Serena Williams wins 2015 French Open


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Paris (CNN) – Serena Williams is closing in on Steffi Graf.

Despite still not being 100% due to an illness that’s affected her for around a week, the American beat Lucie Safarova 6-3 6-7 (2) 6-2 to win the French Open on Saturday and claim a landmark 20th major.

But this after Williams did the almost unthinkable by blowing a 4-1 advantage in the second set and trailing 2-0 in the third.

Williams recovered and now only Graf has amassed more majors in the Open Era at 22. With the American still going strong at the age of 33, Graf’s record is under serious threat.

The world No. 1 even has a realistic chance of matching the German in 2015, since she’s claimed five Wimbledon titles and is the three-time defending champion at the U.S. Open.

Of course that would mean Williams winning all four majors in a season, something not accomplished since Graf did it in 1988.

But who’d rule her out?

By winning in Melbourne and Paris, Williams already became the first player since Jennifer Capriati in 2001 to win the first two grand slams in the same season.

Heading into Saturday, it looked as if Williams might be vulnerable against Safarova, the 13th seed who was making her first appearance in a grand slam final.

Williams said Friday she had been suffering from the flu and “collapsed” after her comeback three-set victory in the semifinals against Timea Bacsinszky.

She didn’t practice Friday, either, opting to stay at her apartment in Paris and rest.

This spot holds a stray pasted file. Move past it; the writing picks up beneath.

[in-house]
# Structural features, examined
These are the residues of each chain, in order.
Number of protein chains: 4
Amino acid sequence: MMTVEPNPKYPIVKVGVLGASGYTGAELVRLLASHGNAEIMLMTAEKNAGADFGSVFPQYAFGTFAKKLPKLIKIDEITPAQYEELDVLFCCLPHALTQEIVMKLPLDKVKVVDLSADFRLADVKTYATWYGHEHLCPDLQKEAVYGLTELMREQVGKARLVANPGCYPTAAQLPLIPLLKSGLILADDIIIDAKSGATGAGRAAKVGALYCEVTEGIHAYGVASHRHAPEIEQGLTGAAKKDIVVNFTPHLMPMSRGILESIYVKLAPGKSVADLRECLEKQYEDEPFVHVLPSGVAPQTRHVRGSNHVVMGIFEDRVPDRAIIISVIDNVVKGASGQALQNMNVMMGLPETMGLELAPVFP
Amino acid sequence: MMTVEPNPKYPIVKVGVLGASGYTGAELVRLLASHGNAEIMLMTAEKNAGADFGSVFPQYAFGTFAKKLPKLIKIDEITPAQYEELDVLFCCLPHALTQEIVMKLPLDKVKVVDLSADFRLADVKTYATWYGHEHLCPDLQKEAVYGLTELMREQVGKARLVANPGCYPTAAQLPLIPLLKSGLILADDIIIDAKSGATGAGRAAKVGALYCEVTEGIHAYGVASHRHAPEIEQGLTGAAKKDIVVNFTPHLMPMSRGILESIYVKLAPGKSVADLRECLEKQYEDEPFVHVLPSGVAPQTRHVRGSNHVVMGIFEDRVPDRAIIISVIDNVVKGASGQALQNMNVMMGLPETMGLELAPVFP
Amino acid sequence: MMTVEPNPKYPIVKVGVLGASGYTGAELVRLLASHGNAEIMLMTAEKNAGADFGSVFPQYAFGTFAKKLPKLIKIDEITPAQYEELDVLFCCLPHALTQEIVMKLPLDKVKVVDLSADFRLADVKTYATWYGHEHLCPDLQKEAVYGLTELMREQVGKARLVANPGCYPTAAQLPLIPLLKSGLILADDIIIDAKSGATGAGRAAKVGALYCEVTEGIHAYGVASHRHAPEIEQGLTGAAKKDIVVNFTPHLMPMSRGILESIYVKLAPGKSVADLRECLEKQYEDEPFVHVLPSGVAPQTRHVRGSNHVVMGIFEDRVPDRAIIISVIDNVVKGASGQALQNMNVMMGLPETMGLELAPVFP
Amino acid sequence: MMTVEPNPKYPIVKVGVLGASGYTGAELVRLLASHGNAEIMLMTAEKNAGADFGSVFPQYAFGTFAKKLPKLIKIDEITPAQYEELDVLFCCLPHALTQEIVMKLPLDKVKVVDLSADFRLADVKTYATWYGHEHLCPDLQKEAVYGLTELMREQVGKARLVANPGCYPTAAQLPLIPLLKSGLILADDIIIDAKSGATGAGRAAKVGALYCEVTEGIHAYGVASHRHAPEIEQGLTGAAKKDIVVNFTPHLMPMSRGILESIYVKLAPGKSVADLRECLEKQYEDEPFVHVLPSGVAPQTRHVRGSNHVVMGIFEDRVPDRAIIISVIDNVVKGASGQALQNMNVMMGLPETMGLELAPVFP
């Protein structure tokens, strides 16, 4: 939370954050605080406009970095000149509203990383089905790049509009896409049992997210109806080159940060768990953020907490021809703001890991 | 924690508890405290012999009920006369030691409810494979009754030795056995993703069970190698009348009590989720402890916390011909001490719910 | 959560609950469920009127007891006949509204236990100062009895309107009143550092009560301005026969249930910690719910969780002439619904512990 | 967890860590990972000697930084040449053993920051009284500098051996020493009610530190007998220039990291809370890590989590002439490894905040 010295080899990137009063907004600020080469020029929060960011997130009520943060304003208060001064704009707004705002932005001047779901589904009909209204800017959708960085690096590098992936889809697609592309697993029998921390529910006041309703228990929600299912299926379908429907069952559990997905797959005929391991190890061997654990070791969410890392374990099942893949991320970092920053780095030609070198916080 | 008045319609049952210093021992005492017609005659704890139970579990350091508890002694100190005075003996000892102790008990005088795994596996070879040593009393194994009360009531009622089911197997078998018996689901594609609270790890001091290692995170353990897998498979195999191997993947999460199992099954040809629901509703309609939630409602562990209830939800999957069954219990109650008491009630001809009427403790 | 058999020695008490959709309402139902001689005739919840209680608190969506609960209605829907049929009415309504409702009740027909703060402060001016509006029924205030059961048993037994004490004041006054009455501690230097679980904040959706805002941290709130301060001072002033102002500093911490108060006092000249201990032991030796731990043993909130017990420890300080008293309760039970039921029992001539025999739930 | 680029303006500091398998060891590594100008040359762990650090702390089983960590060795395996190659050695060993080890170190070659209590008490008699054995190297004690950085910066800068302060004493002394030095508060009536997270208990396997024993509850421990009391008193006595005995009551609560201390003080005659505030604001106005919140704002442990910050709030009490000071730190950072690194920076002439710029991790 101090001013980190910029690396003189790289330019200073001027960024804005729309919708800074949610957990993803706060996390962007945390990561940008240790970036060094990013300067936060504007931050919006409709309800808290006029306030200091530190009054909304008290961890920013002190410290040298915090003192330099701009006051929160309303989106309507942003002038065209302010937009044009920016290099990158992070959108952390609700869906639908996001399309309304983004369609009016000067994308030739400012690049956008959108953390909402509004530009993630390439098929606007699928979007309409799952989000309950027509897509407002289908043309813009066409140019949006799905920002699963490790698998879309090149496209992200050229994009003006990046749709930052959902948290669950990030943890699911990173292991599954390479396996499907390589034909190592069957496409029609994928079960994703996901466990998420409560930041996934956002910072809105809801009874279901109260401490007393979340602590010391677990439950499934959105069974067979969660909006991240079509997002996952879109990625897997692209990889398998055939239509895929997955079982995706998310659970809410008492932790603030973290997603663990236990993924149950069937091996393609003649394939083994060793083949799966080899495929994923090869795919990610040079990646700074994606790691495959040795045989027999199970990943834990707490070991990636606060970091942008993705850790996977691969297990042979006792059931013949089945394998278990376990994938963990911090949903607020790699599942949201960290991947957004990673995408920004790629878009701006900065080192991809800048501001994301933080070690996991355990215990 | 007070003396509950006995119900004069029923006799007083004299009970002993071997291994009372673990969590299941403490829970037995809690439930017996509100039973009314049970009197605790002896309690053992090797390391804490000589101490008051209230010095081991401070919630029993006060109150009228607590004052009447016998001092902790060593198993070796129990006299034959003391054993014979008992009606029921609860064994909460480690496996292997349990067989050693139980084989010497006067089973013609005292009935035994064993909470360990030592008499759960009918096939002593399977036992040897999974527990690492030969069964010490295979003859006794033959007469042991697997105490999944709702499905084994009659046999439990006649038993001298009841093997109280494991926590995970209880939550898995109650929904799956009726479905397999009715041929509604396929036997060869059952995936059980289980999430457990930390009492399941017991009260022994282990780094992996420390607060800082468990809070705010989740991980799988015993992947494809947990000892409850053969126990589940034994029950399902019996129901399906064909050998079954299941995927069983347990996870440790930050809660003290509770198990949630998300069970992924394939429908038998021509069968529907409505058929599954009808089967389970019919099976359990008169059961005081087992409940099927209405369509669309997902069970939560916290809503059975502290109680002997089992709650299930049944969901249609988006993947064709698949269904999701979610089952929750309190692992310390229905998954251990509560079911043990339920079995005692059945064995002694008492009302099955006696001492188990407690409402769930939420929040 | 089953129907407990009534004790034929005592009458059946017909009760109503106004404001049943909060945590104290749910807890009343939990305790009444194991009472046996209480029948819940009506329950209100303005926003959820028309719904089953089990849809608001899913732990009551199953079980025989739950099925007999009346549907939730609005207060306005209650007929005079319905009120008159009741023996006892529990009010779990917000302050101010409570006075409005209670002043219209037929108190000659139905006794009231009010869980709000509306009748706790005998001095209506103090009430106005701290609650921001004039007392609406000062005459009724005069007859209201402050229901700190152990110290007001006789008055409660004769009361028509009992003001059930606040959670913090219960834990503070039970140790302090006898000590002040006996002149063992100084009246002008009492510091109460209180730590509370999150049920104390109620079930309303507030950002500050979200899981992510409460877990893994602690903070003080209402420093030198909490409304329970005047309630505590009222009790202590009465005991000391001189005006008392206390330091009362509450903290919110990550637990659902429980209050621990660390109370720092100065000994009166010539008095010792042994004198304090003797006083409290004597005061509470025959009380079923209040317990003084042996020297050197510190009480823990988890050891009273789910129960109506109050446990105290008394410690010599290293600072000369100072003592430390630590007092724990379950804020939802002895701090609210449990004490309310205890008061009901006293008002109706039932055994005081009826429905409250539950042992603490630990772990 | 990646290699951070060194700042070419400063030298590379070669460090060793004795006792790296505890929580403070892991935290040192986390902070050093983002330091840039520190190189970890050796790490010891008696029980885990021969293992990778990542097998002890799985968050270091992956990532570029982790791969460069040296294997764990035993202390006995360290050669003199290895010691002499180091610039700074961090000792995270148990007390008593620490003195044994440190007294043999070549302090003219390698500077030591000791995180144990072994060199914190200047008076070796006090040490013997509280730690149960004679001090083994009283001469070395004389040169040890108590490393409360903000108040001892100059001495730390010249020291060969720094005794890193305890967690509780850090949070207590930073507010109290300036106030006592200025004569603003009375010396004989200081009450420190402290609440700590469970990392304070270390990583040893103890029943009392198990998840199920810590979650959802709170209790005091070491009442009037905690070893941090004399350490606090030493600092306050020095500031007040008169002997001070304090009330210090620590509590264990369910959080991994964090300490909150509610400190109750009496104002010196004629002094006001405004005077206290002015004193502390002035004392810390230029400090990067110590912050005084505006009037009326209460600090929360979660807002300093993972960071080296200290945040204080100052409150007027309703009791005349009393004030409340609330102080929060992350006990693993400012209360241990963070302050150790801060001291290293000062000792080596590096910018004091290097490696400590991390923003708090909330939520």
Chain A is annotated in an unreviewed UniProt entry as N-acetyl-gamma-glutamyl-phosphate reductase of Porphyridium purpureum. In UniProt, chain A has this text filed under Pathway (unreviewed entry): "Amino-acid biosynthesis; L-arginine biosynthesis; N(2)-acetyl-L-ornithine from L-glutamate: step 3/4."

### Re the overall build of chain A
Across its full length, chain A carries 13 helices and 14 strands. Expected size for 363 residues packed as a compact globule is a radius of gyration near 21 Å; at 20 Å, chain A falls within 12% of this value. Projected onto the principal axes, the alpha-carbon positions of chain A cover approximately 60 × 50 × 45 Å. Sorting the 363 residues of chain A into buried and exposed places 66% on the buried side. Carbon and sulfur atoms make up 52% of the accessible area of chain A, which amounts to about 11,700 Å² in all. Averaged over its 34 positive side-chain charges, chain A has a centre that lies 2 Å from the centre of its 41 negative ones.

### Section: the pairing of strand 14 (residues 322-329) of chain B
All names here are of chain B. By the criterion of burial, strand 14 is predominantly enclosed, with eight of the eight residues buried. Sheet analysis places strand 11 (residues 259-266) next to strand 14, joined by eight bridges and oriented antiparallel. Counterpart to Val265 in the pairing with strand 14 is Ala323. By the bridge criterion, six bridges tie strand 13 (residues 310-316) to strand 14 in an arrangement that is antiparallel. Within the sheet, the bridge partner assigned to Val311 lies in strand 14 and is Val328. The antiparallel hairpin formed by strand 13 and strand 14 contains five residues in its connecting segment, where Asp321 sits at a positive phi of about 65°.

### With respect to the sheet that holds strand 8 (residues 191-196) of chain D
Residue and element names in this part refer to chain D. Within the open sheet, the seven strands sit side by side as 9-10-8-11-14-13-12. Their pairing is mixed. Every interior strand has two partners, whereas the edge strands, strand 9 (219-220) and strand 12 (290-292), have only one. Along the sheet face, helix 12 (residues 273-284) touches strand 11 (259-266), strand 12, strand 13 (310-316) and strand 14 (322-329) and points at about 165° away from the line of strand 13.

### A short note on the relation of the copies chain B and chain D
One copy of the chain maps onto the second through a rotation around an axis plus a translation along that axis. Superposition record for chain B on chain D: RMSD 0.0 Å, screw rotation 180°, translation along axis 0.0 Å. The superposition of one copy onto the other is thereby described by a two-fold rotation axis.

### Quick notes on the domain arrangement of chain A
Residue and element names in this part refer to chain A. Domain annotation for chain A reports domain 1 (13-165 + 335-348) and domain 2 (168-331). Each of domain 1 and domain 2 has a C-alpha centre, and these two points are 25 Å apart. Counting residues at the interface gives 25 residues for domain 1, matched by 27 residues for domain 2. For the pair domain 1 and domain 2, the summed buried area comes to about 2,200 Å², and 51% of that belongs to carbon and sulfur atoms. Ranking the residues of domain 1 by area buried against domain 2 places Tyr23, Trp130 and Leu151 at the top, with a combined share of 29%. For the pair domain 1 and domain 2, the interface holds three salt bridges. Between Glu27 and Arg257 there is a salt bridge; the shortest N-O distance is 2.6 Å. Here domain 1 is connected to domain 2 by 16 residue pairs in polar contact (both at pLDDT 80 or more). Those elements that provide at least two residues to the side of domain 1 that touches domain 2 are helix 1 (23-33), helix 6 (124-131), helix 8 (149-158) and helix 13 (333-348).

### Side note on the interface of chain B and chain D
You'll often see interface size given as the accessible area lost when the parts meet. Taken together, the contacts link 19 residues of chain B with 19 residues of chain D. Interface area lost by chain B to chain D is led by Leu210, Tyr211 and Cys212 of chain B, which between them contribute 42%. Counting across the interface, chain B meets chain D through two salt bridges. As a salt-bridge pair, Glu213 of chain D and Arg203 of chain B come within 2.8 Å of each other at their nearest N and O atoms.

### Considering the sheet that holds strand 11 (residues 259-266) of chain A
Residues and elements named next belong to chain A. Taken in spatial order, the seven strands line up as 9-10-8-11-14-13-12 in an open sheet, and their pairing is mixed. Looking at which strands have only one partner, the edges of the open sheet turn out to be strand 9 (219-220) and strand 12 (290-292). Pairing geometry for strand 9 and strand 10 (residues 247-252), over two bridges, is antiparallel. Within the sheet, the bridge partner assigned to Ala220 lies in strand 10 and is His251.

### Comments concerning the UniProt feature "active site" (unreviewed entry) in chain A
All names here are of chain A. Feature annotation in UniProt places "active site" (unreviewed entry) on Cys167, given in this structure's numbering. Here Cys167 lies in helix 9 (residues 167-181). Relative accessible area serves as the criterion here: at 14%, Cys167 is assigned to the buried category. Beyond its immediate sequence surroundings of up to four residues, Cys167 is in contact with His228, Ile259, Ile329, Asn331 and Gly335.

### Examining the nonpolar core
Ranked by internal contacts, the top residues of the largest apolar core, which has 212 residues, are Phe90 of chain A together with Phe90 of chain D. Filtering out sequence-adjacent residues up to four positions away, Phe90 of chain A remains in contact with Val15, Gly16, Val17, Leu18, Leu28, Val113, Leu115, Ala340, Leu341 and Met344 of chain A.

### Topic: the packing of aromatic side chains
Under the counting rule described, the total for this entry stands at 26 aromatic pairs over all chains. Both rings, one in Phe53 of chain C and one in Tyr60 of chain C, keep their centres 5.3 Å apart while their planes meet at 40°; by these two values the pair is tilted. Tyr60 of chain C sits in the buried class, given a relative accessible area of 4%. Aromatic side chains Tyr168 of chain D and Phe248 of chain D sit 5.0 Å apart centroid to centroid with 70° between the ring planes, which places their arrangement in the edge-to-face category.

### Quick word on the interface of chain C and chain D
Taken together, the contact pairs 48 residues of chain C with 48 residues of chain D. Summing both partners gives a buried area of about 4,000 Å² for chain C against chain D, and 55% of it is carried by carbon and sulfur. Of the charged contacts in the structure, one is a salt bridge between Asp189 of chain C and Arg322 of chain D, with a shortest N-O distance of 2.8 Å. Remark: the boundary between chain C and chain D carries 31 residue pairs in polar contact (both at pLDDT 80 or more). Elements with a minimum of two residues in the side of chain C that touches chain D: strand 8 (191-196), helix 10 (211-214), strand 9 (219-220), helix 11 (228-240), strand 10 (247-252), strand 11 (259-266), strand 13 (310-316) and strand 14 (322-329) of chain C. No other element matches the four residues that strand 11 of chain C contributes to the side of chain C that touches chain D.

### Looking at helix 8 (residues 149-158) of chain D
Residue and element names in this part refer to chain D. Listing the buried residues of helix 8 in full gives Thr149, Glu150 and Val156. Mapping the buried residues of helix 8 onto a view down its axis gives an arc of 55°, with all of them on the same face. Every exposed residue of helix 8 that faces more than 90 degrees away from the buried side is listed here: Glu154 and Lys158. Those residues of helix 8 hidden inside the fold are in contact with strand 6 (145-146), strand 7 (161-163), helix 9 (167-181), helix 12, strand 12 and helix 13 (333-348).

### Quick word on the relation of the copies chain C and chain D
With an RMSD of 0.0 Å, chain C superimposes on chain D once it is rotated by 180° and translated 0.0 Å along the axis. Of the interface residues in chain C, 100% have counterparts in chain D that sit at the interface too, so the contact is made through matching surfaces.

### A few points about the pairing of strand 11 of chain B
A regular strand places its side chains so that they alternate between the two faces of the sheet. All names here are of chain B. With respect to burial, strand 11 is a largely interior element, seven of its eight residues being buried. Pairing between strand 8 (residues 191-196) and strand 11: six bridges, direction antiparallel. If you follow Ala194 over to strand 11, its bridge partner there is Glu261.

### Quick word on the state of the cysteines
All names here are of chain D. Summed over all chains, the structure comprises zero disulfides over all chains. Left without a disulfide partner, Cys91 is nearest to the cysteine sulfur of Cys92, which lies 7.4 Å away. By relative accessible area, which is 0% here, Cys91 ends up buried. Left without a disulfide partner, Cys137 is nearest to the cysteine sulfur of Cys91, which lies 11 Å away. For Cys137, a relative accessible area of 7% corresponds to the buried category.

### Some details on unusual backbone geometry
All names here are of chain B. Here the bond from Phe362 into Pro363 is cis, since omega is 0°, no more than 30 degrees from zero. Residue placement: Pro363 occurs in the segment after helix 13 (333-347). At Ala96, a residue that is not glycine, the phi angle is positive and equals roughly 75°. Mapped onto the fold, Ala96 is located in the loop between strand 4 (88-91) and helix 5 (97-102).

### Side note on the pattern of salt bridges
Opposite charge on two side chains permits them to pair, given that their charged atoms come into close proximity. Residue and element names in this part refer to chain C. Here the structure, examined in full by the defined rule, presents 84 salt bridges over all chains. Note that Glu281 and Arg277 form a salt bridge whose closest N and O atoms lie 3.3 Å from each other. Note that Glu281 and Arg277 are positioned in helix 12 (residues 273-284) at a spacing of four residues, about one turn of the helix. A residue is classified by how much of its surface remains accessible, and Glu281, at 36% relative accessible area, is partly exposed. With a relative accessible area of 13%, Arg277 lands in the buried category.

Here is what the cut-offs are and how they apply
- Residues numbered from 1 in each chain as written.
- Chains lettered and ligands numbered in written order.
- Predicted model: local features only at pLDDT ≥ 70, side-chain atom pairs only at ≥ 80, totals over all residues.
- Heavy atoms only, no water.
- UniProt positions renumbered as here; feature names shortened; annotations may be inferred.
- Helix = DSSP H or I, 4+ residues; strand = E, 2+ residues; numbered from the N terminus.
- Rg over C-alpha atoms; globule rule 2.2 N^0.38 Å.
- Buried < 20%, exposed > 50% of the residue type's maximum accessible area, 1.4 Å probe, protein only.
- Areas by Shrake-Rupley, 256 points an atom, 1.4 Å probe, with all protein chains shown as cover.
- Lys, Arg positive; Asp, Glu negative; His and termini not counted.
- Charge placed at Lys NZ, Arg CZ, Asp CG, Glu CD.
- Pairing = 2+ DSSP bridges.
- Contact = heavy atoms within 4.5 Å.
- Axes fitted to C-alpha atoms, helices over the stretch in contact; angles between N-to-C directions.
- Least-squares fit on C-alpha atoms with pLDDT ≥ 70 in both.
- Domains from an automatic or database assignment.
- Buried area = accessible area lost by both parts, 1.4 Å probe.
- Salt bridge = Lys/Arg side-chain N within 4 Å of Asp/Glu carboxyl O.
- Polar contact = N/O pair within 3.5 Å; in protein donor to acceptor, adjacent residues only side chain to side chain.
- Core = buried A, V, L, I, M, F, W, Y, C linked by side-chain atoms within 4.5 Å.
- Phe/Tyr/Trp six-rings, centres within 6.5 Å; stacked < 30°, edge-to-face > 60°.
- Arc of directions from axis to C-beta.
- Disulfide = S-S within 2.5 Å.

And when Williams went off court just before the final was about to start, a dramatic encounter seemed on the cards. It ended up that way, though no one would have predicted it when Williams led by two breaks in the second set.

Rallying from a set down to overcome Anna-Lena Friedsam, Victoria Azarenka, Sloane Stephens and then Bacsinszky, overturning a 2-0 deficit in the third was merely child’s play for Williams.

The illness, coupled with the aftereffects of an elbow injury that forced her to withdraw from the Italian Open in Rome, led to Williams’ usually dominant serve only working in spurts this tournament and little changed in the final.

In the first set Williams struck four aces and captured 80% of her first-serve points.

Her return game was working, too. Williams manufactured the first break by ripping a cross-court return for 3-1.

Safarova, 0-8 against Williams prior to Saturday, saved a set point with a forehand winner that wrong-footed her foe but Williams held serve a game later.

It was the first time the Czech dropped a set all tournament.

When Williams stormed to the double-break lead in the second, the trophy presentation was only moments away. Williams may have thought it, too, given how she celebrated when breaking for 4-1 — raising her arms in the air.

But Williams inexplicably plummeted, Safarova’s level improved and double faults on break points in the sixth and eighth games made the score 4-4.

Williams soon recovered, breaking with a stunning backhand cross-court return for 6-5.

Yet once again she couldn’t complete the job.

Safarova broke back and forced a tiebreak with a backhand winner down the line. The crowd, wanting more tennis, loved it.

They were even louder when Williams’ forehand sailed into the set to officially force a decider.

Williams, not prone to panicking, had to be slightly alarmed however when trailing in the third.

Trying to pump herself up during the changeover at 2-1, Williams awoke. She surged to nine straight points and moved ahead 3-2.

This time there was no comeback for Safarova, who fell behind 4-2 when her backhand down the line sailed long. Williams wrapped up her third French Open title by forcing an error.

She paused for a moment, then dropped her racket in disbelief.

Novak Djokovic, like Williams a world No. 1 and the champion at the Australian Open, plays in Sunday’s men’s final against Stan Wawrinka. Djokovic completed a semifinal win over Andy Murray earlier Saturday, 6-3 6-3 5-7 5-7 6-1.

If he triumphs, then Djokovic becomes the eighth man in history to win all four majors.

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